a conversation about disability, equality, and the bachelor finale – this is my life, people


{image is a photo of Chris Soules, better known to Bachelor watchers as The Farmer. Don’t judge.}

Ableism (/ˈeɪbəlɪzəm/) is a form of discrimination or social prejudice against people with disabilities. It may also be referred to as disability discrimination, ablecentrism, physicalism, handicapism, and disability oppression. – Wikipedia

On Tuesday, I took the day off from work so that I could attend the final dress rehearsal of Katie’s play, in which, as the understudy to the lead, she had the opportunity to play the part. Taking the whole day for a two-hour play? Well, that was a bonus. Thank you, work.

After getting the kids out the door, I settled back into my bed, because I could. And then I put on the previous night’s Bachelor finale because, well … see: I could.

My phone then buzzed with a text message from my friend Alysia. What follows is our conversation, shared with her permission, because we thought perhaps you might like to join in. As I said to her somewhere in the middle, I – we – have no authority on any of this. We’re just two moms bumbling through some pretty thorny issues (see what I did there?) and thinking out loud as we try to figure them out together. As you do.

Editor’s note: I’ve made slight changes to the order of the texts to make them (mostly) make sense.


Alysia, referring to my post earlier that morning about Katie calling me out on my internalized ableism: You have my brain buzzing this morning. Or maybe Katie does. Or you both do.

Me: She does that. It’s evil. 😉

Her: So does that mean that buddy programs are ableist?

Me: I don’t think they have to be – IF the buddies think of their peers as EQUALS.

Her: Right, that’s what I’m struggling with. Does the fact that the “buddies” are volunteering to be paired up negate the idea that they’re equals?

Me: “Hey, I’m going to join up because I want to make a new friend,” is very different from, “I want to be a good person who pretends to be a friend out of the goodness of my heart.”

Her: Right. So not when it’s to put on a college application.

Me: It can be on a college application that you helped the organization spread the word about why REAL friendships are important for everyone.

Her: So does one volunteer / ride bikes / raise money because …? I don’t even know how to finish that statement. Where’s the line between wanting to help and being ableist?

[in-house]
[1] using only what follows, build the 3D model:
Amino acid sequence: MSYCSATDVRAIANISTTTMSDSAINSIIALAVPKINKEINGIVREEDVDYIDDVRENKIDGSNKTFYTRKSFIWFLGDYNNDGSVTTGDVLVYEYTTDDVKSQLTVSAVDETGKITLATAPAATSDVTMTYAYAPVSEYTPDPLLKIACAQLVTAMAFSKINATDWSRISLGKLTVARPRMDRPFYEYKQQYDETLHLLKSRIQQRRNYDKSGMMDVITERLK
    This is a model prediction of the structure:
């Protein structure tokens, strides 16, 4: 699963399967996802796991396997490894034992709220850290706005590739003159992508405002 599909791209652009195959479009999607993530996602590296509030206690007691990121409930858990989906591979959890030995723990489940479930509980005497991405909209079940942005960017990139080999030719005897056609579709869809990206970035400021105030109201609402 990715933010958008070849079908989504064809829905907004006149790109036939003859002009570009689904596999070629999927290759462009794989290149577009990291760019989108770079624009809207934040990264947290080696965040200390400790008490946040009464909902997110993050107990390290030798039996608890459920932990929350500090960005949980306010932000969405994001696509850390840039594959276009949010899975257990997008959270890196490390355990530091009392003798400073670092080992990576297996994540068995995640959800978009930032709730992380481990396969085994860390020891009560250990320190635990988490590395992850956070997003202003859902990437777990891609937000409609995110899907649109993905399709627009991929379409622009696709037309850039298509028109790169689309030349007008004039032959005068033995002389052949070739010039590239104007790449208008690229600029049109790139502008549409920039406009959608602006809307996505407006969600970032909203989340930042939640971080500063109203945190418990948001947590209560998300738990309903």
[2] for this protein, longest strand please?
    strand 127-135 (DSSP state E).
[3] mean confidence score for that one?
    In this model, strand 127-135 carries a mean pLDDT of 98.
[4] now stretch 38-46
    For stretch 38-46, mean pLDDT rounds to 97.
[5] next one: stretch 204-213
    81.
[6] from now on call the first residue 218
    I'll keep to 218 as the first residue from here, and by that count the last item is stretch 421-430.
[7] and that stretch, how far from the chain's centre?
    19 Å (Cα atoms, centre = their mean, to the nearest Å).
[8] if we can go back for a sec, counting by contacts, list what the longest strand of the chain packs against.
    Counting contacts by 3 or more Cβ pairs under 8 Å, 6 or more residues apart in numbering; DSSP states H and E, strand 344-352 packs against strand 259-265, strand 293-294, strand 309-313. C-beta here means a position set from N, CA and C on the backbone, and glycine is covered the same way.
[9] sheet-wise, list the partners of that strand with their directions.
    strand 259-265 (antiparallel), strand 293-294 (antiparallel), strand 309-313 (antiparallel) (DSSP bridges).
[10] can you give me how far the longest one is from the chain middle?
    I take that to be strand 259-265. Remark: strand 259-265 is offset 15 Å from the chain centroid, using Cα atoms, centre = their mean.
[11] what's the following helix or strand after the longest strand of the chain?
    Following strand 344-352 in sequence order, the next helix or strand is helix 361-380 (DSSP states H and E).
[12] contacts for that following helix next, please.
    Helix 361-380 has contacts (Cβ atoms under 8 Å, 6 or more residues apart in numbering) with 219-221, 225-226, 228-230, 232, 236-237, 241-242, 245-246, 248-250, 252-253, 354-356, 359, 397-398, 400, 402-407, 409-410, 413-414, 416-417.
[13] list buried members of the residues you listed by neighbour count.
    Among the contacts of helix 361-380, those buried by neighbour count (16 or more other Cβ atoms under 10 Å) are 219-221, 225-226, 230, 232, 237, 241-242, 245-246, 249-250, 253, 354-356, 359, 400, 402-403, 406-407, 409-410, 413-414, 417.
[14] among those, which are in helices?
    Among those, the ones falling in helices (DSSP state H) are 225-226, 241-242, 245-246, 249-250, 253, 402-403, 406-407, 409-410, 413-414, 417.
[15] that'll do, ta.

Me: Yes, one does, because support is needed.

Her: What about peer mentor programs?

Me: When the word “mentor” is used for typical kids pairing with same-age atypical kids, yes, it’s ableist. But without the word mentor (and the ideology that it represents) the programs can be great. We do need to facilitate connection / friendship / interaction opportunities for those for whom they might not otherwise present themselves.

Her: Right – it makes no sense for equals to be mentoring one another.

Me: Right. That’s why the word mentor is inappropriate. They are PEERS. Peers are equals. Equals can’t, by definition, mentor one another.

Her: A place where everyone is equal.

Me: Yup. But upperclassmen can mentor younger kids.

And pairing same-age kids together to support one another? Great. A buddy system? Awesome. Creating opportunities for kids to meet, create real friendships, leverage each other’s strengths? Perfect. But having same-age typical kids MENTOR their disabled peers? That reinforces unequal relationships. That IS ableism at its worst.

Our kids need a support system. But that doesn’t mean that those who support them are superior to them, just different – with different skills and relationships and perspectives.

Ed note: I’m adding after the fact: I think ALL kids need that.

Her: My head is still spinning 🙂

Me: Note: I’m saying all of this with an air of authority and conviction that I do not have. But these are my thoughts.

Her: I get it. It’s why I asked you 🙂

Me: Read this.

Her: I remember when you wrote that. For [our mutual friend], right?

Me: Yup.

Her: I’m just stopping to question everything now. Like does anyone ask the kids who participate in those buddy programs if they like being paired up with a buddy?

Me: I hope so. Everyone on every side should have just as much autonomy as anyone else.

Her: My mom had a friend named Connie. She lived in a group home. We’d go out to dinner once a month together. They were definitely friends. But I think it started as a buddy program for adults.

Me: Again, creating opportunities for real friendships is a good thing. If everyone involved views it that way and wants to participate – and maintains the option of saying that it feels comfortable or it doesn’t.

Her: You’re helping my brain. 🙂

Me: Good 🙂 Think about meeting a random person and being told they’re your new friend. You may like them; you may not. You may spend a day with them and want to go out and buy a BFF locket OR you may really just feel like they’re not your cup of tea. You have to have that option. If you don’t, you’re not an equal. And that’s not friendship.

Her: Unless you don’t have the skills to say, “You’re not my friend,” or to recognize the imbalance in the friendship.